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One Good Thing: A very funny show about girlboss feminism and workplaces full of petty men

AppleTV+’s Mythic Quest is one of TV’s sneakiest comedies, funny and tragic all at once.

Poppy and Ian celebrate a great idea in the Mythic Quest offices.
Charlotte Nicdao and Rob McElhenney star as creative collaborators at a video game studio in Mythic Quest.
AppleTV+

Poppy Li is one of my favorite characters in all of television.

Poppy, as played by Charlotte Nicdao, is one of the main characters of Mythic Quest, an AppleTV+ comedy set at a video game studio. The studio produces the massively multiplayer online role-playing game of the show’s title, and when the show begins, it is about to release a major expansion for the game named Raven’s Banquet. (In fact, season one is properly called Mythic Quest: Raven’s Banquet.) Much of that first season centers on the conflict between creative director Ian Grimm (Rob McElhenney), from whose brain Mythic Quest first sprung, and lead engineer Poppy, who has to make all of Ian’s dreams a reality.

(I just want to note here that Ian’s name is pronounced like the word “ion,” which is a perfect joke about his pretension and self-regard that slowly reveals itself to have more layers as the show goes on. That slow unfolding is kind of Mythic Quest’s whole deal.)

It would be so easy for Mythic Quest to make Poppy an underdog hero the audience can root for. She is perpetually overworked and underpraised, and as the series gets underway, she simply wants to program a shovel into the game so players can use it to dig stuff. Ian insists she make the shovel into a weapon, because if it’s only a shovel, the players will use it to dig dicks, plus it will be more exciting if players can use it to wail on people. Ian is right on both counts: They do dig dicks, and the shovel is way more satisfying as an implement of blunt force trauma.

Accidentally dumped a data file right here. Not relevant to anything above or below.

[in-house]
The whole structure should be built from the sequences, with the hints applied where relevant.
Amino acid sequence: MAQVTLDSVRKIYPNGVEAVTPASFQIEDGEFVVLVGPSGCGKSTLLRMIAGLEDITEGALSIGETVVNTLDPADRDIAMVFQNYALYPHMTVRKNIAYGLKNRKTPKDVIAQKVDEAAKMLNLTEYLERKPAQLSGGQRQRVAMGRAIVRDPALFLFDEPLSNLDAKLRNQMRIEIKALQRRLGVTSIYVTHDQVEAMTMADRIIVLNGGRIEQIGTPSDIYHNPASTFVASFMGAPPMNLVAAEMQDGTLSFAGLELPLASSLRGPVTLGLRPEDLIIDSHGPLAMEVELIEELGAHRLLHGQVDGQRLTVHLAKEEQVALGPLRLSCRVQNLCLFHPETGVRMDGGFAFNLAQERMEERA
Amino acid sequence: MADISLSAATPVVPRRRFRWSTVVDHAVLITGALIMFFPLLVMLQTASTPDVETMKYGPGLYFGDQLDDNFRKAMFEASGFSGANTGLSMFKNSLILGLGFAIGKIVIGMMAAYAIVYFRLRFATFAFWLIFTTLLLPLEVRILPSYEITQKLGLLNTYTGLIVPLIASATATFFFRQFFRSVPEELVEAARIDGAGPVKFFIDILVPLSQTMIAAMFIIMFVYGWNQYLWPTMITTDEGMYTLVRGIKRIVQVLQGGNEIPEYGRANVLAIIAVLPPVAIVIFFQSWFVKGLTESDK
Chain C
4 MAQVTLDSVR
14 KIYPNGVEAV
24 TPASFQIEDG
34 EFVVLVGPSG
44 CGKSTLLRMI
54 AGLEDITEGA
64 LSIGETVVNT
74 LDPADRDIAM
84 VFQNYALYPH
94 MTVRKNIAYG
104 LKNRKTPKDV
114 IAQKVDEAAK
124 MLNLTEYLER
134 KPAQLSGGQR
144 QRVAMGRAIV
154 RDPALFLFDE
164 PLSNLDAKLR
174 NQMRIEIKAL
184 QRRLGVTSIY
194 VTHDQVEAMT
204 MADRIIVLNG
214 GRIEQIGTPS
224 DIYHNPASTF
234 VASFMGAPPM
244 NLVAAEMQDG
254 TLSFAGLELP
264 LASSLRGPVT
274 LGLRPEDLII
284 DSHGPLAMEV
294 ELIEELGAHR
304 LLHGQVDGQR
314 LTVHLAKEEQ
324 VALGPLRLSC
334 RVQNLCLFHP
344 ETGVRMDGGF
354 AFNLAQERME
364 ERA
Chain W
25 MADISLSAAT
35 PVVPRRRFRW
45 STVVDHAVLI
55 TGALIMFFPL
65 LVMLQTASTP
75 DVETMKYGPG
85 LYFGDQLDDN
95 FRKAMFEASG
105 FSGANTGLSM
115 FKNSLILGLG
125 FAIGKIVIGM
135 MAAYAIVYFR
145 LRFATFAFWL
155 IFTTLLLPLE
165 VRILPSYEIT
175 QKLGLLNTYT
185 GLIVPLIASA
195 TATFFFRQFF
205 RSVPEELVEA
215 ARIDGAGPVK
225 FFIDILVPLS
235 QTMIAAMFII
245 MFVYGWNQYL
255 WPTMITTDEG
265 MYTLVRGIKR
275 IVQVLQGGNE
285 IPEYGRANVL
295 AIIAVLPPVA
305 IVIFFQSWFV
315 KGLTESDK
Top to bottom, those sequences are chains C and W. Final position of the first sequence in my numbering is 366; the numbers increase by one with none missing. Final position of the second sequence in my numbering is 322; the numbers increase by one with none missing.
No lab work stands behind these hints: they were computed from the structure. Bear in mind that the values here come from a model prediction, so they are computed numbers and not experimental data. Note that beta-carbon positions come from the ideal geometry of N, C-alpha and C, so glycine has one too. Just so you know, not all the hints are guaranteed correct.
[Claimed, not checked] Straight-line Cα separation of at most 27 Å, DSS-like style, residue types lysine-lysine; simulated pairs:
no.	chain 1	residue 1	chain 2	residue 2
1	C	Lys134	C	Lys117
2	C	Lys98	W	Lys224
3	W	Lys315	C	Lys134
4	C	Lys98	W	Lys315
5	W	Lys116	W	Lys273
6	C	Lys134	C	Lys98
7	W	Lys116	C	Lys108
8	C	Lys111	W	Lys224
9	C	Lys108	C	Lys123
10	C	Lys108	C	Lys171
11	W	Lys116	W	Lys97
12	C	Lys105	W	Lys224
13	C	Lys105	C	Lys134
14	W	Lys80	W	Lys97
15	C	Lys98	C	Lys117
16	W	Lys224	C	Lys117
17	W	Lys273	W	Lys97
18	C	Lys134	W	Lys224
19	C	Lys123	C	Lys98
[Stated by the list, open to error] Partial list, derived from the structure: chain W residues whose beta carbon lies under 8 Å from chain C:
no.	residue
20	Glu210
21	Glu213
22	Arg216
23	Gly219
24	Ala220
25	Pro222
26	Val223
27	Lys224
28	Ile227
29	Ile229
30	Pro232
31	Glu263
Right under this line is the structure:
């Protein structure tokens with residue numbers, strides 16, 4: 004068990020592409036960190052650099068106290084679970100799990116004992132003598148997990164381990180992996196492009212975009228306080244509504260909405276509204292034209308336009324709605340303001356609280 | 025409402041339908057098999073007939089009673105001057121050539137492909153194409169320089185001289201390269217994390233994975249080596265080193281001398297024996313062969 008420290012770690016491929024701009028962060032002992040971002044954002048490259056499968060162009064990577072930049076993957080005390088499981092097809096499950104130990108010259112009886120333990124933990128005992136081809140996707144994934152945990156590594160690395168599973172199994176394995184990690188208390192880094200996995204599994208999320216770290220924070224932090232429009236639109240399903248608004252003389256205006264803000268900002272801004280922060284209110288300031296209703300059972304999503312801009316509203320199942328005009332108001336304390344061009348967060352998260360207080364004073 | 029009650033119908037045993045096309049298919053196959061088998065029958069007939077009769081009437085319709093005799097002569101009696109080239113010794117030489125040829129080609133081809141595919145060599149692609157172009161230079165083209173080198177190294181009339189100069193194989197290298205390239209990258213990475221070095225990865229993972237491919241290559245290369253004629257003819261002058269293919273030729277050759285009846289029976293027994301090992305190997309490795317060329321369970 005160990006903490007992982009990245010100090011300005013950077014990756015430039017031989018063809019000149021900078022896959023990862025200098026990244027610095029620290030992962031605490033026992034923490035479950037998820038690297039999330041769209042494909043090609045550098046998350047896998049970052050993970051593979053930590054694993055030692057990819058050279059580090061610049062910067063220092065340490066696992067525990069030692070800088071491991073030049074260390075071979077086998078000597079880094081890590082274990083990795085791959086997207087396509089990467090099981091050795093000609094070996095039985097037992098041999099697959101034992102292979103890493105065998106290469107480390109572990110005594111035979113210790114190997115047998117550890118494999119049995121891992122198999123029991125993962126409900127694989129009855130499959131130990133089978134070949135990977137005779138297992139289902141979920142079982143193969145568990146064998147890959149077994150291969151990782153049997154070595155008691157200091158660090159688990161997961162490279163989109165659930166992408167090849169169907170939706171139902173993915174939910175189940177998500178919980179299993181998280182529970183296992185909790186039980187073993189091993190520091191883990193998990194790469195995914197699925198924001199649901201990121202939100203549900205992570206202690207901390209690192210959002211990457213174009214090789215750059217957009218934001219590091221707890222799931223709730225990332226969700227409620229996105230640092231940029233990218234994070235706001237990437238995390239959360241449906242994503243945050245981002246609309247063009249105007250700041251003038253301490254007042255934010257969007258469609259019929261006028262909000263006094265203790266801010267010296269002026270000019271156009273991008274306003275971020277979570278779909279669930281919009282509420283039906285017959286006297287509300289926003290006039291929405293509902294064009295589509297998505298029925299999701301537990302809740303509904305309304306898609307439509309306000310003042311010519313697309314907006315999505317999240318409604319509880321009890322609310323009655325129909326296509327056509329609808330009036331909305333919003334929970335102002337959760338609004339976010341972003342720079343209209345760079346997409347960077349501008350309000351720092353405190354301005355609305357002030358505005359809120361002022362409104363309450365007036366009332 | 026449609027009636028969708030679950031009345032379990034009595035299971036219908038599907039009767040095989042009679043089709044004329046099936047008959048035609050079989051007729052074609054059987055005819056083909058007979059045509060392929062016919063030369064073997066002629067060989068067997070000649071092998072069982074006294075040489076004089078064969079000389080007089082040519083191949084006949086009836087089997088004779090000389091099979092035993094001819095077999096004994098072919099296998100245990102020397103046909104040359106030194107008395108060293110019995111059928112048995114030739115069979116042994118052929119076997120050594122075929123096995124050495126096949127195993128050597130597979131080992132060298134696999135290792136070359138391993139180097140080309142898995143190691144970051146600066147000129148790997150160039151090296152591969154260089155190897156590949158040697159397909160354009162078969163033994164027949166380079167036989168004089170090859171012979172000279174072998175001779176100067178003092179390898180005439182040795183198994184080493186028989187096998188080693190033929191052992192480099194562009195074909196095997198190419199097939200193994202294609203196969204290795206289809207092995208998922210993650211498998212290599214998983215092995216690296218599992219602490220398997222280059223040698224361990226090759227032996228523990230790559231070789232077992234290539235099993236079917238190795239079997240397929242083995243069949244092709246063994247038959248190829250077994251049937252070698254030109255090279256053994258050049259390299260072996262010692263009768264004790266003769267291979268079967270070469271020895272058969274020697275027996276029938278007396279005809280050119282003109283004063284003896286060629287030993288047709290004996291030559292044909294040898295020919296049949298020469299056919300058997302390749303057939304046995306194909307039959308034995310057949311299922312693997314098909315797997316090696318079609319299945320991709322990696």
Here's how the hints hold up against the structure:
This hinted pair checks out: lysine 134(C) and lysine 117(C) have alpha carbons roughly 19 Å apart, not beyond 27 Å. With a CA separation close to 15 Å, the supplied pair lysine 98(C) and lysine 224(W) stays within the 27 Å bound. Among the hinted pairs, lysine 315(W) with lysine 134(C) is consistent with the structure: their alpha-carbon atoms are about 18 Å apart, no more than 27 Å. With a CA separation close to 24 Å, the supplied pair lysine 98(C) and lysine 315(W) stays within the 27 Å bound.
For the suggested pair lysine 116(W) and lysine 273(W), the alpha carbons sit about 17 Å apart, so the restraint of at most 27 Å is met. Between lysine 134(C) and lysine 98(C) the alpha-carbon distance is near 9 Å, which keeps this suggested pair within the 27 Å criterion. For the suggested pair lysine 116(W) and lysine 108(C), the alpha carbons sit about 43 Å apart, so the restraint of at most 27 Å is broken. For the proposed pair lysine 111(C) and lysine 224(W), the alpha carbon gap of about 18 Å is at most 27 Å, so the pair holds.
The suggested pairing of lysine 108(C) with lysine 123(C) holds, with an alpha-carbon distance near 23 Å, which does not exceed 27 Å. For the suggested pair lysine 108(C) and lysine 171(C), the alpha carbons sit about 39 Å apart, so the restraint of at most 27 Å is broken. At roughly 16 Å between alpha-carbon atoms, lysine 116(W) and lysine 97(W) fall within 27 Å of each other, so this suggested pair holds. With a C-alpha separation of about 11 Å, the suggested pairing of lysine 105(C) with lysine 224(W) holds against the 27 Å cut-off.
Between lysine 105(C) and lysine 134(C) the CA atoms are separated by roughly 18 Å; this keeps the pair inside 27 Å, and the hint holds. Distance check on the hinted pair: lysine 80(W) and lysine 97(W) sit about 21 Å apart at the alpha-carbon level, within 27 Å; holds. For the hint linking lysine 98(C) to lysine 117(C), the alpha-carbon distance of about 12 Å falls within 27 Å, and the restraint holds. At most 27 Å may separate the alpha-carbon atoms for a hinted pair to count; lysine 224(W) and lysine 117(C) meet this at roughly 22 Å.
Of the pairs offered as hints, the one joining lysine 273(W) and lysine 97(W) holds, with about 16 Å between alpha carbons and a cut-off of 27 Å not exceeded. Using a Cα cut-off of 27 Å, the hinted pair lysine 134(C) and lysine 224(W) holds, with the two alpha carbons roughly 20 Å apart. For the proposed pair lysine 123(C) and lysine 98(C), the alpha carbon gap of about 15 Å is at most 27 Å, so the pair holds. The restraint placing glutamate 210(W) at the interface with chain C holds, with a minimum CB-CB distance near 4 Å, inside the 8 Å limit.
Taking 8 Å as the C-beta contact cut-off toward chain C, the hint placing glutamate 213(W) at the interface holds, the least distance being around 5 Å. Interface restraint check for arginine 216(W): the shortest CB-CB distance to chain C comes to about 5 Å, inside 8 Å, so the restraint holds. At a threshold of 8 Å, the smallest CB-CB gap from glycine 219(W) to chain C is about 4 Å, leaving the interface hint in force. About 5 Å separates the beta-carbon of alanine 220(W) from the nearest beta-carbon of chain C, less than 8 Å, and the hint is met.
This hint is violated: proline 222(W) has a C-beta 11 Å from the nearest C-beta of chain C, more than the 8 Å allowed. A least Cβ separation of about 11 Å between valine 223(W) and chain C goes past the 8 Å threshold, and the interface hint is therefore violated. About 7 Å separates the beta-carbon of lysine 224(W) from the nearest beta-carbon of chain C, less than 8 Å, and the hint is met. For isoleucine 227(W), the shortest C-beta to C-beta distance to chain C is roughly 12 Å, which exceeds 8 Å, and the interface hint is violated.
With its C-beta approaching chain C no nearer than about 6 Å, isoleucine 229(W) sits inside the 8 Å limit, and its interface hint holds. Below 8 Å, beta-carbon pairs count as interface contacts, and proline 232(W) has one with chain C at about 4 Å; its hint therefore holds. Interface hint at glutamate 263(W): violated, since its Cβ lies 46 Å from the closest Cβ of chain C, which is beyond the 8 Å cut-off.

Mythic Quest plays on everything you know about dramatic storytelling to make you think from that very first episode that it is a story about Ian slowly realizing Poppy’s genius and the two of them learning to trust and support each other. And the series sort of is that. But it’s never just that, especially when it comes to Poppy.

Nicdao plays Poppy like she’s a dandelion fighting against her very self to let all her seeds blow away. She maybe should let go of some stuff, but she takes on more and more until it’s too much. She is constantly grabbing hold of new tasks and challenges while also trying to keep an eye on the old ones, and she sometimes seems like the only person working on the game of Mythic Quest who is capable of actually doing her job. There’s a just-subtle-enough throughline about how Poppy would earn more recognition for her achievements if she were a man, and how being a woman who works in video games means always working harder and harder and harder to remain only one step behind male colleagues who aren’t as talented.

Yet Poppy is so much more than a commentary on being a woman in a male-dominated field. She’s also a fairly savage satire of girlboss feminism and its propensity to turn the people who practice it into narcissists who only look out for themselves. The easiest way to make Poppy crumple and do what you want is to call her a genius, so intent is she on getting people to understand how great she is. Poppy is so constantly focused on catching up to Ian that she doesn’t see all of the people she’s stepping on along the way.